Special Issue "Identity, Stigma, and Social Reaction"

A special issue of Societies (ISSN 2075-4698).

Deadline for manuscript submissions: closed (15 July 2019).

Special Issue Editor

Dr. Daniel R. Kavish
E-Mail Website
Guest Editor
Department of Social Sciences, College of Arts & Sciences, Southwestern Oklahoma State University
Interests: labeling theory, convict criminology, deviant subcultures, and racial disparities in the criminal justice system

Special Issue Information

Dear Colleagues,

A great deal of theoretical and empirical work has examined the relationship between identity, social reaction, and stigma. Symbolic Interaction, labeling, and identity perspectives identify how social reaction can perpetuate stigma and stereotypes. Furthermore, these perspectives describe the process of identity transformation and how subsequent behavior is influenced. Essentially, to understand social behavior, one must understand the relationships between social interaction, identity, and stigma.

This Special Issue intends to advance current discussions on identity, stigma, and social reactions; it welcomes contributions that expand our understanding at all levels of analysis of: 1) formal labeling and subsequent criminal offending, 2) the relationships between social interactions and stigma, 3) identity formation and transformation, 4) official labeling and criminalization of deviant behavior, or 5) methodological issues related to the study of symbolic interactionism, labeling theory, and other identity perspectives. The intersectional and interdisciplinary nature of studying identity, social interaction, stigma, and social behavior demands that papers from all relevant behavioral and social sciences be welcomed. Likewise, all theoretical, epistemological, and methodological approaches are welcomed.

Dr. Daniel R. Kavish
Guest Editor

Manuscript Submission Information

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Submitted manuscripts should not have been published previously, nor be under consideration for publication elsewhere (except conference proceedings papers). All manuscripts are thoroughly refereed through a double-blind peer-review process. A guide for authors and other relevant information for submission of manuscripts is available on the Instructions for Authors page. Societies is an international peer-reviewed open access quarterly journal published by MDPI.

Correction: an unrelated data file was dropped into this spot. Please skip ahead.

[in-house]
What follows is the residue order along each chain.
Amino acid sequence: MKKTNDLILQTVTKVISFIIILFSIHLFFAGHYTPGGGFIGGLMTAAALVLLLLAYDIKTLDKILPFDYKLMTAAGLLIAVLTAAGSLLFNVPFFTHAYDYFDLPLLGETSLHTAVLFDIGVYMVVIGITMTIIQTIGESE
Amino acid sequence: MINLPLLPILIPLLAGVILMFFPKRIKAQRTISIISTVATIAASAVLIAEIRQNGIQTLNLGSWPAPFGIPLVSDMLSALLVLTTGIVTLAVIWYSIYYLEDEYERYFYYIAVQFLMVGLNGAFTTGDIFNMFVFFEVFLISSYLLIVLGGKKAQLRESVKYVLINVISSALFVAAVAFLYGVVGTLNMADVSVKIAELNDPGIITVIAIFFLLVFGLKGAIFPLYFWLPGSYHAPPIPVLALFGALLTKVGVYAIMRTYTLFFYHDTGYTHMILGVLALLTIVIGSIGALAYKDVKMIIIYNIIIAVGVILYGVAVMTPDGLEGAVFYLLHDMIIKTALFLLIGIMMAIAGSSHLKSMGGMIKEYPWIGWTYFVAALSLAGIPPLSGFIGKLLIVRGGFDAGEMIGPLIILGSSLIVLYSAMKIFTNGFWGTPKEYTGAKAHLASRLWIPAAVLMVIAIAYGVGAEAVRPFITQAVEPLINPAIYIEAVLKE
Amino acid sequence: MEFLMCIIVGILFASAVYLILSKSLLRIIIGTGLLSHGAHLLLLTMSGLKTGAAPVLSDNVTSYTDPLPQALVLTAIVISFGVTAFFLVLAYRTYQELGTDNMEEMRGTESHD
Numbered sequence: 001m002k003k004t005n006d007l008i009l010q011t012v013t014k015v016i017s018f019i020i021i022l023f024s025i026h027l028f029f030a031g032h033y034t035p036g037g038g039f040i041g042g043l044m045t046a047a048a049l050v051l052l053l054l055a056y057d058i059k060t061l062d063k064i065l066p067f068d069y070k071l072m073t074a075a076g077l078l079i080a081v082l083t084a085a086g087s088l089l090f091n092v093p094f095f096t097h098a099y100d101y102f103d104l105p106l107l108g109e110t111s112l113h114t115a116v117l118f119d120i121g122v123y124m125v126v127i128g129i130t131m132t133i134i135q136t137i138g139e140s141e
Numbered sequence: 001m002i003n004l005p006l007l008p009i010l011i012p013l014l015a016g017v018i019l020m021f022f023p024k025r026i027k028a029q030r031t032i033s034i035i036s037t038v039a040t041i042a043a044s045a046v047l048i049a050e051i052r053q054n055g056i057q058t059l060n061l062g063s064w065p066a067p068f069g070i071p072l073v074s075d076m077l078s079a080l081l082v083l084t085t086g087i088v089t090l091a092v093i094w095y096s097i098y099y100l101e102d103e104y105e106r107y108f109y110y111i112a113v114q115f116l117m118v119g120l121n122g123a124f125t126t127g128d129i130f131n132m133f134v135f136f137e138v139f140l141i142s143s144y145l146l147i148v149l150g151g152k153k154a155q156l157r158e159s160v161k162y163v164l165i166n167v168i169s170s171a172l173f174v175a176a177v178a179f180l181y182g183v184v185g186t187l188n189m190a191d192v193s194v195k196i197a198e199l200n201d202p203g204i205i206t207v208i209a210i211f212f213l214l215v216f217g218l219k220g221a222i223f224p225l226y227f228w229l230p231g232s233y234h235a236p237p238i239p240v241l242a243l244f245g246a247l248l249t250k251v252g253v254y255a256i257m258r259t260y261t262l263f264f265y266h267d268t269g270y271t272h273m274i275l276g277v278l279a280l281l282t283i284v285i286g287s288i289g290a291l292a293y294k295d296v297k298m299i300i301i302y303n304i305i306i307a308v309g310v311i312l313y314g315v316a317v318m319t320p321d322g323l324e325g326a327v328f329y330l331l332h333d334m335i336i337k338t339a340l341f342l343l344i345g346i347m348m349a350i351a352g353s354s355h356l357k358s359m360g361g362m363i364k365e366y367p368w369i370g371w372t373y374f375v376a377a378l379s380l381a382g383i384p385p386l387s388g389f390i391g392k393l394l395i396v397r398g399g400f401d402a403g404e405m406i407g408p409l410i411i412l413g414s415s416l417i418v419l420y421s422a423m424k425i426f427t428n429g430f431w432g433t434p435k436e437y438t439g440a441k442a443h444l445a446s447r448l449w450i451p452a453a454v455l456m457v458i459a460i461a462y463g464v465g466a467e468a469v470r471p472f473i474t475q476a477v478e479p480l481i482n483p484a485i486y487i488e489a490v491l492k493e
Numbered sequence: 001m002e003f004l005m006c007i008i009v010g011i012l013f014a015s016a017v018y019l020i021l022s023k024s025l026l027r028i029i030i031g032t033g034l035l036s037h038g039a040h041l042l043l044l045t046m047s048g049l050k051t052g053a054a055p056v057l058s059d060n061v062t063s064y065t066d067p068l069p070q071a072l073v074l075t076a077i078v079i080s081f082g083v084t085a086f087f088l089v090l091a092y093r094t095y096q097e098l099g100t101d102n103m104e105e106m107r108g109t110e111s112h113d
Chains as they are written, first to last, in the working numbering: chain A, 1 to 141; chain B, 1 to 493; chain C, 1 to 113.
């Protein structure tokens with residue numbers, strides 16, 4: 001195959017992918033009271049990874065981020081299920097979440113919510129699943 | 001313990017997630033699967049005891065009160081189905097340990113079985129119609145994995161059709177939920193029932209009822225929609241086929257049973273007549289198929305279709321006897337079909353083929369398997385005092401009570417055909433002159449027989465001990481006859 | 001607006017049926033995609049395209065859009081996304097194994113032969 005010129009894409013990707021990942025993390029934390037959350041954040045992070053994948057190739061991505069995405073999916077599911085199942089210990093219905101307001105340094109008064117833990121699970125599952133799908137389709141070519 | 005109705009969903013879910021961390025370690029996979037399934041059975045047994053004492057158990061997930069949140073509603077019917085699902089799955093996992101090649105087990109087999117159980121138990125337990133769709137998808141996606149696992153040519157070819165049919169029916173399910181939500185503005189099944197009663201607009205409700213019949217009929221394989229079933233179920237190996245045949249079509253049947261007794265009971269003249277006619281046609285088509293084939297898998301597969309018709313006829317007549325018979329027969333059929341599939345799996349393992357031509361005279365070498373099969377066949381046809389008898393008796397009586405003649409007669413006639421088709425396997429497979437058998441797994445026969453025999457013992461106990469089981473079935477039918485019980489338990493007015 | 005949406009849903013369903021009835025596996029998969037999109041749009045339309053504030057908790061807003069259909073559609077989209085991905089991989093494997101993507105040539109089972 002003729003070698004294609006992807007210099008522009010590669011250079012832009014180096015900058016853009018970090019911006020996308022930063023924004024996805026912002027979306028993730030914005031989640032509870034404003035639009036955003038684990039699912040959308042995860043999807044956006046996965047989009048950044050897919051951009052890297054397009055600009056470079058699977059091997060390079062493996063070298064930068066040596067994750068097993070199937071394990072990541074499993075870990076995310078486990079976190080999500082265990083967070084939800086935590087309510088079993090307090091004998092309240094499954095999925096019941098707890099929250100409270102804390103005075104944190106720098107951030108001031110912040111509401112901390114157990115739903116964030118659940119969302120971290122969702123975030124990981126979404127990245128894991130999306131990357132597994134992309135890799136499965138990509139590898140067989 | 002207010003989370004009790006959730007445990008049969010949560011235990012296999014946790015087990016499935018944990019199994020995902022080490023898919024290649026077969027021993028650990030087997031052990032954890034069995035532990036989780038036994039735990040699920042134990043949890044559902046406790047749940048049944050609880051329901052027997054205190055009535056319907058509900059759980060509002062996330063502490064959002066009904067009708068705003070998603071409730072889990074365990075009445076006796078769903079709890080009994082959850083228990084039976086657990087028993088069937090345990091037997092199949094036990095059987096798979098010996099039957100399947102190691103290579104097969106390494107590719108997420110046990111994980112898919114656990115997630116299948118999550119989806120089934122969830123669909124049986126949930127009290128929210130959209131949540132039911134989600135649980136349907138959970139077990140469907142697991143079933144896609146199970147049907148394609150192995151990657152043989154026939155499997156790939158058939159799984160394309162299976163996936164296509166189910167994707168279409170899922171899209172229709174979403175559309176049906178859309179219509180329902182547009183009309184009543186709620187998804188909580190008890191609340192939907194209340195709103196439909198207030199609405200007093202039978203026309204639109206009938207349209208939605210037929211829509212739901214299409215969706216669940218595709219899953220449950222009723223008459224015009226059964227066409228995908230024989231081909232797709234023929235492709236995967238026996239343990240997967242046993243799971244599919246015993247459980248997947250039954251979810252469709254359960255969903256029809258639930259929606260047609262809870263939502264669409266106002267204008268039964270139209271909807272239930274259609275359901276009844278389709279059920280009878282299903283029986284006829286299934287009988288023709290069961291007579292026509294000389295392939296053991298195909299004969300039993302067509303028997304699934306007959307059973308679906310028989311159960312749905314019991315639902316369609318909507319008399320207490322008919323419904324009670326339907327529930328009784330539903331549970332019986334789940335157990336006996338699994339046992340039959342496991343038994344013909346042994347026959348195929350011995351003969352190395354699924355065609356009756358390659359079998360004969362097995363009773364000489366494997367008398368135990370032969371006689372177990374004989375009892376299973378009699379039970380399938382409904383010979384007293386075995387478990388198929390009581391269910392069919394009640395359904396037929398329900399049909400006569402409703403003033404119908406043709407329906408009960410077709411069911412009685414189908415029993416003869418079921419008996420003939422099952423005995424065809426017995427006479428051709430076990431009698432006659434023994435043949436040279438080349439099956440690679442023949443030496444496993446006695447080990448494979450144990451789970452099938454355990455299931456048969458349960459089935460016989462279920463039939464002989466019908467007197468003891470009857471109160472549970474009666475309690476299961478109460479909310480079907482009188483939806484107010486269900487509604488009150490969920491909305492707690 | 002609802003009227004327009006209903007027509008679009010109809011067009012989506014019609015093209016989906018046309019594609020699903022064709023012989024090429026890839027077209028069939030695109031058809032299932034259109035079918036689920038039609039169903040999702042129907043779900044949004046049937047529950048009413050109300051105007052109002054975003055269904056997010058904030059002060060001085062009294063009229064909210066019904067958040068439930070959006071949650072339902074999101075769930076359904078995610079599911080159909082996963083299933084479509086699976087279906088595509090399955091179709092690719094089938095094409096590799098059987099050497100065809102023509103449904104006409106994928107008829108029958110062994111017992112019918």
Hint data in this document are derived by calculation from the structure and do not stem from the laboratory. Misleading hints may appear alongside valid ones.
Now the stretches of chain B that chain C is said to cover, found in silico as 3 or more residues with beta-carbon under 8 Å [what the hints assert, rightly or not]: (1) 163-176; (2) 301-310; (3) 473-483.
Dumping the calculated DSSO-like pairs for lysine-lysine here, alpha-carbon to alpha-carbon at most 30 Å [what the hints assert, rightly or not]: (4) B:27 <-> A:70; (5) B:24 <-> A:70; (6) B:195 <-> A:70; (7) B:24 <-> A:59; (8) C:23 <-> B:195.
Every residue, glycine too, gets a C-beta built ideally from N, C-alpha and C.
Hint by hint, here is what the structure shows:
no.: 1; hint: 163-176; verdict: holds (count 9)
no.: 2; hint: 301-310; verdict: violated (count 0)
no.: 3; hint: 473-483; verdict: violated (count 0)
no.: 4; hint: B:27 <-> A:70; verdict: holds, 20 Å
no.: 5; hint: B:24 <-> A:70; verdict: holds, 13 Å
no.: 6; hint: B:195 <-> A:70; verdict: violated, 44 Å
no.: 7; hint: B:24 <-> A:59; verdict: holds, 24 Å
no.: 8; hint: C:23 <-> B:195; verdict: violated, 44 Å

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Keywords

  • labeling theory
  • symbolic interactionism
  • identity
  • stigma
  • social reaction
  • deviant behavior

Published Papers (2 papers)

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Research

Open AccessArticle
Denying the Darkness: Exploring the Discourses of Neutralization of Bundy, Gacy, and Dahmer
Societies 2019, 9(2), 46; https://doi.org/10.3390/soc9020046 - 11 Jun 2019
Abstract
This exploratory study analyzed how three serial killers (i.e., Bundy, Gacy, and Dahmer) potentially rationalized and justified their murders by applying techniques of neutralization. This paper discusses how the use of these neutralizations also functions as a form of stigma management assisting in [...] Read more.
This exploratory study analyzed how three serial killers (i.e., Bundy, Gacy, and Dahmer) potentially rationalized and justified their murders by applying techniques of neutralization. This paper discusses how the use of these neutralizations also functions as a form of stigma management assisting in the maintenance of a positive presentation of self, thus mitigating responsibility for their crimes. This study conducted a content analysis of data comprised from interviews and case histories of these three serial killers. Based on these analyses, the impression is conveyed that these killers used neutralizations to manage their identities (i.e., present “normal” selves), mitigate responsibility for their actions, and minimize the stigma associated with being labeled a serial killer. Full article
(This article belongs to the Special Issue Identity, Stigma, and Social Reaction)
Open AccessArticle
Community Knowledge about Tuberculosis and Perception about Tuberculosis-Associated Stigma in Pakistan
Societies 2019, 9(1), 9; https://doi.org/10.3390/soc9010009 - 23 Jan 2019
Abstract
Tuberculosis- (TB) associated stigma is a well-documented phenomenon with various factors, both individual and societal, manifesting its role in shaping health-seeking behavior and contributing to suboptimal TB care in Pakistan. The objective of this study was to assess TB-related knowledge and perceived stigma [...] Read more.
Tuberculosis- (TB) associated stigma is a well-documented phenomenon with various factors, both individual and societal, manifesting its role in shaping health-seeking behavior and contributing to suboptimal TB care in Pakistan. The objective of this study was to assess TB-related knowledge and perceived stigma among community members. This was a cross-sectional survey using a convenience sample of 183 individuals recruited between October and December 2017. A validated stigma measurement tool developed by Van Rie et al. was adapted. Data was analyzed using SPSS version 20.0. A clear majority was aware that TB is curable disease and that it is transmitted by coughing. However, respondents also thought that TB spread through contaminated food, sharing meals, sharing utensils, and by having sexual intercourse with a TB patient. In addition, females, unemployed, and persons having less than six years of education were also more likely to associate stigma with TB. We found an association between the lack of knowledge about TB and perceived stigma. This study highlights the need for improved TB-related education among communities. Full article
(This article belongs to the Special Issue Identity, Stigma, and Social Reaction)
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